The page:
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In Captain America: The Winter Soldier,

Nick Fury’s vehicle is attacked by a group of mercenaries, who immobilise and destroy his vehicle. He has no apparent security force with the vehicle to protect him.

Nick Fury is a director of S.H.I.E.L.D. who has top level privileges, so he is a VIP or VVIP. Why weren't there security forces to protect him?

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Not everybody watches the trailer (or deliberately avoids it, to go in completely fresh), so “it’s in the trailer” doesn’t avoid it being a spoiler. (Albeit a lesser one than previous questions.) –  alexwlchan Apr 13 at 14:46
    
@alexwlchan Ha.. Ha.. So, you did downvote again? –  Sachin Shekhar Apr 13 at 15:40
    
no down vote from me this time, since you’d clearly put some thought into spoilers this time. –  alexwlchan Apr 13 at 15:42
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@alexwlchan - sorry, that's over the line. Something that's in the trailer (or first minutes of the movie) is generally NOT considered a "spoiler" by most people, including those who deal with spoilers professionally (like Honest Trailers or CinemaSins crews). –  DVK Apr 14 at 14:13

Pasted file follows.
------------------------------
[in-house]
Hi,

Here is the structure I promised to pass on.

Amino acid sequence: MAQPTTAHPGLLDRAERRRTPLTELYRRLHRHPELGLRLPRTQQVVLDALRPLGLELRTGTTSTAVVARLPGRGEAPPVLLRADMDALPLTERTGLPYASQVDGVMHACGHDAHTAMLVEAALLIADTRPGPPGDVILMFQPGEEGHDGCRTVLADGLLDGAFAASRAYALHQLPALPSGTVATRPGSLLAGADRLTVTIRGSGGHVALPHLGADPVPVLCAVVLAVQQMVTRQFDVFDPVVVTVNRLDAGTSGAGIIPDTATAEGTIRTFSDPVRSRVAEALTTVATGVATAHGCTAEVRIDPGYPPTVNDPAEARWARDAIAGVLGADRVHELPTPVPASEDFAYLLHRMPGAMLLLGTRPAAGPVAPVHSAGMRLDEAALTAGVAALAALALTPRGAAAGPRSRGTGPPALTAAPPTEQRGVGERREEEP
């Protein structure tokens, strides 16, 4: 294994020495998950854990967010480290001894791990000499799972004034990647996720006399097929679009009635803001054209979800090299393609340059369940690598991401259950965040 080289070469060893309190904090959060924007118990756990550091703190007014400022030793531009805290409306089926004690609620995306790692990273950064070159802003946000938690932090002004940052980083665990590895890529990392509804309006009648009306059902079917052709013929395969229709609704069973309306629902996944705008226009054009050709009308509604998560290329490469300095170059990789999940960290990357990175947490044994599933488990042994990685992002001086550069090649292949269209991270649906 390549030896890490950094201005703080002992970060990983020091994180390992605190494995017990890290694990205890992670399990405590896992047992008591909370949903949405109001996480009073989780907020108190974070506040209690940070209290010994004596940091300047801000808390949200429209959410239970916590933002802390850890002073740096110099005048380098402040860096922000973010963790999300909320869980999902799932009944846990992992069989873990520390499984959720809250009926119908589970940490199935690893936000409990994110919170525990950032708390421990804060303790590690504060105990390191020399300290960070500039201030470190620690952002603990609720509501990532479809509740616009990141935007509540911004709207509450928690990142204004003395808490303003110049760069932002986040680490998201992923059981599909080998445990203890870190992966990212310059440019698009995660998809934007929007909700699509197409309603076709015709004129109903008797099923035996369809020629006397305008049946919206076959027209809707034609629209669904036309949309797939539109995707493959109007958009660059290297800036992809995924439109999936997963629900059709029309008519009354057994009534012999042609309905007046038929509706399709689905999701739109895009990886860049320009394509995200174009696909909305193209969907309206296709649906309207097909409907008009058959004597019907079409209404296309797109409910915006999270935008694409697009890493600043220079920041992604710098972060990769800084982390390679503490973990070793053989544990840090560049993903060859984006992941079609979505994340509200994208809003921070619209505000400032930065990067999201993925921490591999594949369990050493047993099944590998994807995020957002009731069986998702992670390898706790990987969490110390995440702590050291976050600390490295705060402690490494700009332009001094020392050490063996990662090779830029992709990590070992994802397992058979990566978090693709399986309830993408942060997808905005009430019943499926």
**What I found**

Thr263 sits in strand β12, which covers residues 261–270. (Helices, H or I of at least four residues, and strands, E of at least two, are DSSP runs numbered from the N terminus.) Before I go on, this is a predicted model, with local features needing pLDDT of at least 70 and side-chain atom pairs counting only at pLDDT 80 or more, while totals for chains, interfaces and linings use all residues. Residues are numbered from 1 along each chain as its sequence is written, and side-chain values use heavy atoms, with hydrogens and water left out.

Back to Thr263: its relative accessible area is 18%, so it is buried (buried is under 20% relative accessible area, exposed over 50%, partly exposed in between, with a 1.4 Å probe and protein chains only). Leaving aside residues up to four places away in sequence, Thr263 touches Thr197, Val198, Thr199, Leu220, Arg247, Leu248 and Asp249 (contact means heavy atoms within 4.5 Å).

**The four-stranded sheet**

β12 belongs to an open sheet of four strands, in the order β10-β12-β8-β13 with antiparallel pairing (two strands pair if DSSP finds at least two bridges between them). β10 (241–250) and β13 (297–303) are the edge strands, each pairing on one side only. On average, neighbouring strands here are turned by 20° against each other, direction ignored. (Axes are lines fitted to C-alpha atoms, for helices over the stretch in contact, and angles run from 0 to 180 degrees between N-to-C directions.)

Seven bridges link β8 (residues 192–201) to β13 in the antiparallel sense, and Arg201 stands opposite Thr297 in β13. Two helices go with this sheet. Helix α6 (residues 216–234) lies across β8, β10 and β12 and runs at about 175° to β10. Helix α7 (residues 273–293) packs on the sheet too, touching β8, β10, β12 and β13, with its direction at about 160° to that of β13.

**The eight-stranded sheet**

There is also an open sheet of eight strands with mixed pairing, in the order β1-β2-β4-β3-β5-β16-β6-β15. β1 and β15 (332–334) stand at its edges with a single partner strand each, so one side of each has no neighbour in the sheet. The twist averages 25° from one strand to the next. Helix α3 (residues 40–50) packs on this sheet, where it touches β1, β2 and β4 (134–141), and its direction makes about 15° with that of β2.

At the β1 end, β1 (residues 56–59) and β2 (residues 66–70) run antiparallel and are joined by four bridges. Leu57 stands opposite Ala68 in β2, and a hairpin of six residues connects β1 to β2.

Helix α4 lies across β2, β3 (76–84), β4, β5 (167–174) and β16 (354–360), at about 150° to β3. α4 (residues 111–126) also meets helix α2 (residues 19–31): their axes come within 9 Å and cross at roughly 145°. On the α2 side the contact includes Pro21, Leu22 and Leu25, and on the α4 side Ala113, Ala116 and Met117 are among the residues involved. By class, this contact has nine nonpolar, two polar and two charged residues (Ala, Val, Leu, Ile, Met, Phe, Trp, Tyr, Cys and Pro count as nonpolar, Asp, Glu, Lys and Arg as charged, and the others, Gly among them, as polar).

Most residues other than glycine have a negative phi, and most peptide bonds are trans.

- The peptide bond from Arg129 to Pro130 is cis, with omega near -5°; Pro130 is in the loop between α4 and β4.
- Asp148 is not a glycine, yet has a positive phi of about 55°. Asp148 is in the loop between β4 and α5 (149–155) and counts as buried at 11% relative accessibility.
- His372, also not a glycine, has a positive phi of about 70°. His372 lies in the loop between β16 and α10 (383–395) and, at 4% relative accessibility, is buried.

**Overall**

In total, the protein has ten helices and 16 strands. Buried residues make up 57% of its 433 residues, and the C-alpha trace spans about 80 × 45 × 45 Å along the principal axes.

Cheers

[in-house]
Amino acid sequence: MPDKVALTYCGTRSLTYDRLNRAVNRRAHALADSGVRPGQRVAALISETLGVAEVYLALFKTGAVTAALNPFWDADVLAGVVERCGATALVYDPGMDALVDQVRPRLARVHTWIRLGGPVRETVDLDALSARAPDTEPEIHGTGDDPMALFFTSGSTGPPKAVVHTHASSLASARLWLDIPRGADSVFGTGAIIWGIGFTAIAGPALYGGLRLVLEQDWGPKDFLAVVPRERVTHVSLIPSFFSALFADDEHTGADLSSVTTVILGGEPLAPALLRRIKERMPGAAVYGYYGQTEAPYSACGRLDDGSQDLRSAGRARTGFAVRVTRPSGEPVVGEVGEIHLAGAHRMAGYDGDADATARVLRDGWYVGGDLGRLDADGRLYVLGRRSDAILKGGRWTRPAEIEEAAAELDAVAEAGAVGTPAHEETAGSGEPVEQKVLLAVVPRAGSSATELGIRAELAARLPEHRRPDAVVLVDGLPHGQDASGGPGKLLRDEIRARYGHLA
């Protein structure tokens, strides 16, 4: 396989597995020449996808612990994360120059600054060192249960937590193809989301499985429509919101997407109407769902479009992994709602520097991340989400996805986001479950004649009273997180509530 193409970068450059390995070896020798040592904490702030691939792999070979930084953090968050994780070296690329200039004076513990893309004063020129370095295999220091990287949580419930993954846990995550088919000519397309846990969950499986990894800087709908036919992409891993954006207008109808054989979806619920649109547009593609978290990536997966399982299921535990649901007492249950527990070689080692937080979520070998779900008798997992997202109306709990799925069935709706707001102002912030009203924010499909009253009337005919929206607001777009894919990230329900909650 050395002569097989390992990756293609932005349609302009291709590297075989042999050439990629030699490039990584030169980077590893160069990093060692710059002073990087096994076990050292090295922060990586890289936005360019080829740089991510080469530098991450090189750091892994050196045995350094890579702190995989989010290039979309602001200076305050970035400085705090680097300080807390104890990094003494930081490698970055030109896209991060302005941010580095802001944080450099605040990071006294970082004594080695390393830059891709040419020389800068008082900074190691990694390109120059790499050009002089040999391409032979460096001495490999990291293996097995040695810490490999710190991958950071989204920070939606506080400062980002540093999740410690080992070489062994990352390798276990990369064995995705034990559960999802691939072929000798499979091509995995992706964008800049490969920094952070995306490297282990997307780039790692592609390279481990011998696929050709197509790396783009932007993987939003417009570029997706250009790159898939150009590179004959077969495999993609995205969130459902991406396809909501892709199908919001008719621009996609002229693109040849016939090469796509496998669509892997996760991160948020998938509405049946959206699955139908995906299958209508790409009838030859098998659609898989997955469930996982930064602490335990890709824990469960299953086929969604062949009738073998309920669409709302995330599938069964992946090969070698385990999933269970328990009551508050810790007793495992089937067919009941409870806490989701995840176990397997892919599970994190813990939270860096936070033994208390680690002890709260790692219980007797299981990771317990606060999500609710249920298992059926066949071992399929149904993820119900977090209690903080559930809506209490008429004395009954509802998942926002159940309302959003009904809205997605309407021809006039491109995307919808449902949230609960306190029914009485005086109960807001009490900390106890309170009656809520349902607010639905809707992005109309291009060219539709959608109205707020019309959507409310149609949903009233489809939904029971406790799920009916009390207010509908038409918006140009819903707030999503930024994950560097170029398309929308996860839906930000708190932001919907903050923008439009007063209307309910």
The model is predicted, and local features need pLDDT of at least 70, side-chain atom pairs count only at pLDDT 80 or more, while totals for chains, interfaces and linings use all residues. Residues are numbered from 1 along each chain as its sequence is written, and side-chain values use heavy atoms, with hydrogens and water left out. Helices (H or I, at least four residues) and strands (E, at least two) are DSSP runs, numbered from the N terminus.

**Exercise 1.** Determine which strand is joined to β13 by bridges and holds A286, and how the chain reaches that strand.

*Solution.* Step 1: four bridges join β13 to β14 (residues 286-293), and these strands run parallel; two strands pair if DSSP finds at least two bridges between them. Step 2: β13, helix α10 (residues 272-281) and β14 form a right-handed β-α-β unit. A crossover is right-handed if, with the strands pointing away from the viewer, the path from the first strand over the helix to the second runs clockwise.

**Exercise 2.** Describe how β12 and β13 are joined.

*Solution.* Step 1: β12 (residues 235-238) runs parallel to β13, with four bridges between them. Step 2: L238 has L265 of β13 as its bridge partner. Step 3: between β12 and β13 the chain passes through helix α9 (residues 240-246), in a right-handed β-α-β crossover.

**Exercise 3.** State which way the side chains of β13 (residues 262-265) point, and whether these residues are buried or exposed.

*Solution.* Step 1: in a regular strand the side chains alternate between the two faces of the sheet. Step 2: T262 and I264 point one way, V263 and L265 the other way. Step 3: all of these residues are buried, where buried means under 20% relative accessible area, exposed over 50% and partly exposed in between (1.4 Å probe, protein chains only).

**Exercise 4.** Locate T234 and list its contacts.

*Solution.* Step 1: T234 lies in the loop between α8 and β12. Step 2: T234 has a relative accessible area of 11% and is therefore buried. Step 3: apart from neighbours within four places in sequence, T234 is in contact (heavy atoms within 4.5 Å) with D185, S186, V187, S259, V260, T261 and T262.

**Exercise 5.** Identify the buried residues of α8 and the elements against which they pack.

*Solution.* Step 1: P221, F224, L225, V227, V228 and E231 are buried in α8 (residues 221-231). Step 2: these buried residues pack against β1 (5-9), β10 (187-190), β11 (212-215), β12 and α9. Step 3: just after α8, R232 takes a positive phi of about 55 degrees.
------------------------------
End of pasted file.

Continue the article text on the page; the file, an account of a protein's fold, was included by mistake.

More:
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1 Answer 1

up vote 14 down vote accepted

Three reasons I can think of:

  1. At this point in the movie, Fury already:

    suspects SHIELD is compromised.

    He is calling Hill securely to meet in secret and this sets up her appearance later. He is traveling under the radar to meet Hill and hence, no entourage.

  2. Fury knows that

    the STRIKE team is one of the most compromised units, it is entirely likely that the people attacking Fury in this scene are his security detail, or comprised of people who might be assigned as his security detail.

  3. Finally: He doesn't need one. He is a maverick agent who has survived countless encounters and is armed to the teeth with SHIELD tech. While it might seem at first blush that the scene proves he does need one - it seems the opposite when you consider:

    he escapes an ambush, decimates the opposing force and manages to elude The Winter Soldier, one of history's most legendary assassins.

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btw, by "maverick" I mean "one who went up the ranks with field experience" - not "cool rogue pilot". Which is, for the record, the more authentic use for the term I think. –  joshbirk Apr 13 at 15:13
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But what about this Maverick? –  phantom42 Apr 13 at 18:27
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